Graff House

701 Market Street, Philadelphia, PA 19106


Thomas Jefferson was asked to draft of the document that would declare to the world that America was independent. During the days leading up to the debate on independence, culminating with the Declaration on July 4, 1776, Jefferson lived in the Graff house working on this history making document. The building is a reconstruction of the original building. Jefferson’s draft was far more sweeping in scope than what was ultimately approved by Congress. As a result, Jefferson’s hope that slavery would end did not become a reality until the bloody Civil War was fought, nearly a century later. Understandably, Jefferson was quite upset that Congress made some eighty changes to his original document. A central theme of the Declaration is that all men are endowed by their creator with certain unalienable rights. Jefferson was a firm believer in the divine design and creation of the world, expressly rejecting the idea of the eternal existence of matter.

Jefferson’s desire to end slavery, although not fully consistent since he was a slave owner himself, was based in part on the idea that God created the whole world, both rich and poor, with inherent rights. Genesis 1:27-28 says, “So God created man in his own image, in the image of God he created him; male and female he created them. God blessed them and said to them, "Be fruitful and increase in number; fill the earth and subdue it. Rule over the fish of the sea and the birds of the air and over every living creature that moves on the ground” (NIV).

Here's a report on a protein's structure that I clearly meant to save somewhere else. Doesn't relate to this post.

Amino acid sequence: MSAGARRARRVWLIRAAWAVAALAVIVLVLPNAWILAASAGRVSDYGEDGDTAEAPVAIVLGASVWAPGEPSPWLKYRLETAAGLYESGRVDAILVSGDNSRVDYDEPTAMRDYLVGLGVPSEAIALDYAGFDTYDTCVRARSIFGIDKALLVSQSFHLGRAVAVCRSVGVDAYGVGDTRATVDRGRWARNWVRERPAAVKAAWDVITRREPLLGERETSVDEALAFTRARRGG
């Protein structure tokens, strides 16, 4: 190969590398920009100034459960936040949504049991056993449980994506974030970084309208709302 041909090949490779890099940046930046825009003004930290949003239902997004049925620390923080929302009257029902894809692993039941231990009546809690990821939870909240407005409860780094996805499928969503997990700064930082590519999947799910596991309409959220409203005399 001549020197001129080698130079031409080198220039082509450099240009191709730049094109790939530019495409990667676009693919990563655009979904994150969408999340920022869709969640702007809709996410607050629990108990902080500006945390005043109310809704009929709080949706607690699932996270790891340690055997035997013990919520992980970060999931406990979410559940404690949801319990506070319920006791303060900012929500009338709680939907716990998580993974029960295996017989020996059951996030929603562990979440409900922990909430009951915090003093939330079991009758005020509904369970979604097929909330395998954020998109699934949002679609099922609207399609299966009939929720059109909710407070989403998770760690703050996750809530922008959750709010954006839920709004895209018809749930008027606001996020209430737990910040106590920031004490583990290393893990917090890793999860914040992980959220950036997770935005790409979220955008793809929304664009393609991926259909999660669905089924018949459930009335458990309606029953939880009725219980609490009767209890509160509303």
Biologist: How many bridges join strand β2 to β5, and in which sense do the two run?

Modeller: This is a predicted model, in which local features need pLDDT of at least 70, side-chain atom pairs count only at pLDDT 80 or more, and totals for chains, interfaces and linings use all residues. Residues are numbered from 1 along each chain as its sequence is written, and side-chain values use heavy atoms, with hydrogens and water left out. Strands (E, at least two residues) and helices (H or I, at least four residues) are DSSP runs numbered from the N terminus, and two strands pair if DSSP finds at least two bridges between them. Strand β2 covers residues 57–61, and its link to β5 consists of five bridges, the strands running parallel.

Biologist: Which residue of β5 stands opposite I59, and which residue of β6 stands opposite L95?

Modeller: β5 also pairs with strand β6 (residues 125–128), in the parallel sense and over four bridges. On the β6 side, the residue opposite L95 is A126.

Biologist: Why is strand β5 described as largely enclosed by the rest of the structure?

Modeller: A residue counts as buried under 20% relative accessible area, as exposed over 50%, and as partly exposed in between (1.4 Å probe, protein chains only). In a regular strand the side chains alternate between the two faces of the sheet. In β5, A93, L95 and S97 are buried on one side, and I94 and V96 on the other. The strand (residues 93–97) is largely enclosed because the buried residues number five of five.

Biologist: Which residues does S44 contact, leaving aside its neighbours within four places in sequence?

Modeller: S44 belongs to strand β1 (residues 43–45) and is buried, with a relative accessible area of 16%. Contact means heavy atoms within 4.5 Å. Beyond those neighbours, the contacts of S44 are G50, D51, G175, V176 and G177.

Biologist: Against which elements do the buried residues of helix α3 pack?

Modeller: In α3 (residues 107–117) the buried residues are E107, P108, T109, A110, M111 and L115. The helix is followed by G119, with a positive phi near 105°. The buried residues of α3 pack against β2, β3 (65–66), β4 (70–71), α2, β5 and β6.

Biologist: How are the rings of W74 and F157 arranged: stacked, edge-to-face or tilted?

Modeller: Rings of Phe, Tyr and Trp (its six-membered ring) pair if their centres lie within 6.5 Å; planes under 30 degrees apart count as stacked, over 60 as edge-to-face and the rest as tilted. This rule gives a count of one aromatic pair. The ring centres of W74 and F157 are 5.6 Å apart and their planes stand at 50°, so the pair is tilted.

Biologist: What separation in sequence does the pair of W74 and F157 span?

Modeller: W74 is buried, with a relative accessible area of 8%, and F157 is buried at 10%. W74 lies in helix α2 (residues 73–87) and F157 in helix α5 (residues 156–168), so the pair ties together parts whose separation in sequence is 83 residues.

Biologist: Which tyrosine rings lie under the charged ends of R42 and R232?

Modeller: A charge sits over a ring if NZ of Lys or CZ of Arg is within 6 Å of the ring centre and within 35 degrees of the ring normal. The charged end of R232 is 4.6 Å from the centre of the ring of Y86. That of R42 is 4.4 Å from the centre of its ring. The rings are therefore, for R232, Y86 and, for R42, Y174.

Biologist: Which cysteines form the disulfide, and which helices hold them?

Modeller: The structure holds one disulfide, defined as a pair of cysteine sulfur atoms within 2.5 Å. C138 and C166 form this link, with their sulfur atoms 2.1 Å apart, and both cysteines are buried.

These extraordinary words of Thomas Jefferson are carved into the Jefferson Memorial in Washington, D.C.:
“God who gave us life gave us liberty. And can the liberties of a nation be thought secure when we have removed their only firm basis, a conviction in the minds of the people that these liberties are of the Gift of God?  That they are not to be violated but with His wrath?  Indeed, I tremble for my country when I reflect that God is just; that His justice cannot sleep forever.”